Many critical issues remain to be addressed within the draft regulations, a long document full of temporary text in brackets and marked in red. According to the NGO Pew Charitable Trusts, the ISA has yet to agree what levels of environmental harm would be considered permissible, what would be the criteria for such harm, and how it would assess liability and assign penalties.
In theory, each of the ISA’s 168 members is involved in its decision making. But in practice, most power lies with a small group of experts known as the Legal and Technical Commission (LTC), made up of lawyers, geologists, and diplomats, with few environmentalists. There is no scientific assessment group to vet applications and no inspectorate to ensure compliance. If the LTC recommends that the council approves an exploitation contract, it can be overturned only by a super-majority of two-thirds of the full council, which comprises 36 states.
Other concerns, particularly among smaller island nations and Indigenous communities, which fear being affected most, include how to share the benefits from mining. There is currently no mechanism to do so. At the last ISA meeting three months ago, the head of Belgium’s delegation, Hugo Verbist, warned the authority was “sleepwalking into a legally uncertain situation.”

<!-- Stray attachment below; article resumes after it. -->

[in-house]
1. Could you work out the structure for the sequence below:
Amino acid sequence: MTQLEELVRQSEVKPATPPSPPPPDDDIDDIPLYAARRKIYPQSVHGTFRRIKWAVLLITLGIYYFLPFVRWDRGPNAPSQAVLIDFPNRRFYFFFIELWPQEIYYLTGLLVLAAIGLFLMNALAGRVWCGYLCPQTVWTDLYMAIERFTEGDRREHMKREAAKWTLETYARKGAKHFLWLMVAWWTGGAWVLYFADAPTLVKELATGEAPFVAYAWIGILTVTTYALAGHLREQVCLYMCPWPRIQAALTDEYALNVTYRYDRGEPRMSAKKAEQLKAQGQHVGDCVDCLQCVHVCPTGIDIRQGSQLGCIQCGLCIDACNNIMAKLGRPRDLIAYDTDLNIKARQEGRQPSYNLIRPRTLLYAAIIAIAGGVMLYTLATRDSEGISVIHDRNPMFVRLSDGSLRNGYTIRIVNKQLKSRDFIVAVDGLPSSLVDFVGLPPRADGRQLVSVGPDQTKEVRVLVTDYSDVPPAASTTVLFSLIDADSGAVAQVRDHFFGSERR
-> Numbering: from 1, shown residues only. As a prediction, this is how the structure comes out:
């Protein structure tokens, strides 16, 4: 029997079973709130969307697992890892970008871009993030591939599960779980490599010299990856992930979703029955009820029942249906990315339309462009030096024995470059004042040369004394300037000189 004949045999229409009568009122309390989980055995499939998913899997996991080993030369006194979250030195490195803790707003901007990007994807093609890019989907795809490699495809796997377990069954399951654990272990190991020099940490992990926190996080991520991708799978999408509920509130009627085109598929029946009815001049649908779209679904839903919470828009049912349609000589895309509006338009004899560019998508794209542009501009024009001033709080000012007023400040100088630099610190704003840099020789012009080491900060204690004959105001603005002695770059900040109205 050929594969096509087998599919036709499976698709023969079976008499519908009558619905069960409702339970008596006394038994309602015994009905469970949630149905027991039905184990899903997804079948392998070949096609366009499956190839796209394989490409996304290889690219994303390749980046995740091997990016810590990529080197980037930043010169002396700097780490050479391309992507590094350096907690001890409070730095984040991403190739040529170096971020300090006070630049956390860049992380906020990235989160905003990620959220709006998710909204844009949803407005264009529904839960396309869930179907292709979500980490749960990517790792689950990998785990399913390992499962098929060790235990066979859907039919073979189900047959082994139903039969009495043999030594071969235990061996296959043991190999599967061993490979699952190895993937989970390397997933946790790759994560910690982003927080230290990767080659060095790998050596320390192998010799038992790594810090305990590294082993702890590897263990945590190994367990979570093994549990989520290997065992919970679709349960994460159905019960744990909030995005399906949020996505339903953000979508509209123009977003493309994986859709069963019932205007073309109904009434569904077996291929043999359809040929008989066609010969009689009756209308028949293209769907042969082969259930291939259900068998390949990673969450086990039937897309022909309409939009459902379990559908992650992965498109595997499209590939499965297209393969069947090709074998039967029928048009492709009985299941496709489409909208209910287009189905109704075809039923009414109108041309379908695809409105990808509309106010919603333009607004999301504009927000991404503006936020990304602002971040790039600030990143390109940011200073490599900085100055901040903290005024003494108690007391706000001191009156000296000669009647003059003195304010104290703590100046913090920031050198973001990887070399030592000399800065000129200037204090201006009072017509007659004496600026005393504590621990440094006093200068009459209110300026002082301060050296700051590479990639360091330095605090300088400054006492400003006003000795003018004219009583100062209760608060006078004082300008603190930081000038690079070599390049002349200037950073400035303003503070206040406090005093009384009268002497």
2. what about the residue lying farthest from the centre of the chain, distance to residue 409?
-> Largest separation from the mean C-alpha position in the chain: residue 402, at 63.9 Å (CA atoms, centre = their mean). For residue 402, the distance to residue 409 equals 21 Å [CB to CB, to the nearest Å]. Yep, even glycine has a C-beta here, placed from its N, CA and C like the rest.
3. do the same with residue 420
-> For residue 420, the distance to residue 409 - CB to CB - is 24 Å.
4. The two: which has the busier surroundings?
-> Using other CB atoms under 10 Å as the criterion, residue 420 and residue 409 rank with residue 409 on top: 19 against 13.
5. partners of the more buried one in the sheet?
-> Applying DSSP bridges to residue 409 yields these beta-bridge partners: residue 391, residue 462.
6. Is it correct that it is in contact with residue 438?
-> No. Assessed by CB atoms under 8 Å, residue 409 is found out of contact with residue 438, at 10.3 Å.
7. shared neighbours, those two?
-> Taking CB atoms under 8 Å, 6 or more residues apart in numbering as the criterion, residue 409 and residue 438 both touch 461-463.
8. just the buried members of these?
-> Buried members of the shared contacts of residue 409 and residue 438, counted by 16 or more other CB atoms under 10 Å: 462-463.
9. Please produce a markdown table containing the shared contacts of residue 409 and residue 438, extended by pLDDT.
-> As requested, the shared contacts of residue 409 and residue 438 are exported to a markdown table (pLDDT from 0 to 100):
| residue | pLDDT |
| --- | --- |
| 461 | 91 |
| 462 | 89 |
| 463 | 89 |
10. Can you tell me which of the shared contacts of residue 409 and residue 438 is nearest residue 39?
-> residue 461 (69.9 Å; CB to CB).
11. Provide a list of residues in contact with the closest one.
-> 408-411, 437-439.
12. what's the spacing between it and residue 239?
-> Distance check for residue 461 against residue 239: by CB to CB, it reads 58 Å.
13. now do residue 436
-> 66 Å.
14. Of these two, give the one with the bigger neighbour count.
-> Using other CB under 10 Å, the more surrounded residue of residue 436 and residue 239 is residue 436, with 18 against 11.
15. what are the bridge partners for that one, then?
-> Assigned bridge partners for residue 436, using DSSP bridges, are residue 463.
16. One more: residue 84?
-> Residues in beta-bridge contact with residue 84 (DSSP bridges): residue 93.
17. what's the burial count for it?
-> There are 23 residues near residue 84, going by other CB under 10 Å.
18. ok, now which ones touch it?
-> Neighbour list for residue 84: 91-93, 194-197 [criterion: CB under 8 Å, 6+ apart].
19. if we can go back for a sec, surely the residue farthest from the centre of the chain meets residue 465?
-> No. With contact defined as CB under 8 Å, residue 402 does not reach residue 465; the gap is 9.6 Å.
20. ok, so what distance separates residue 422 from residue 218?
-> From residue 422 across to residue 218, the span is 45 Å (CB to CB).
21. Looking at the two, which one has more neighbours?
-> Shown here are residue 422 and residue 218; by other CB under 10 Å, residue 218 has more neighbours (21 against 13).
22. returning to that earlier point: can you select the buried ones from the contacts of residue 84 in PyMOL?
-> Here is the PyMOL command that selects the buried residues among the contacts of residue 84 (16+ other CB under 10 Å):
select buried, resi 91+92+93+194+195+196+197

This time around, the ISA will address a new proposal by France, Chile, Costa Rica, Palau, and Vanuatu to pause deep-sea mining until all regulations are in place. If passed, it would act as a moratorium but would require approval by a super-majority, or two-thirds, of the 168 assembly members.
William Hague, a former leader of the Conservative party, this week called for Britain to support the moratorium. The UK has so far pushed only for high environmental standards, and said it would not support any exploitation licenses “unless or until” there were enforceable regulations and sufficient evidence to judge the potential impact on deep-sea ecosystems.
Proponents of deep-sea mining have questioned whether a moratorium is even legal for the ISA to institute. Under the UN convention on the law of the sea, which set up the ISA, the authority is charged with regulating mining activities and with protecting the marine environment. However, the treaty also specifies that the seabed and its mineral resources are the “common heritage of mankind”, and part of the ISA’s remit includes equitable sharing of financial benefits.
Despite the opposition, an executive from TMC has said it expects to file an application in the second half of 2023 with the goal of receiving an ISA mining license in 2024. Production would start by the end of that year or early 2025.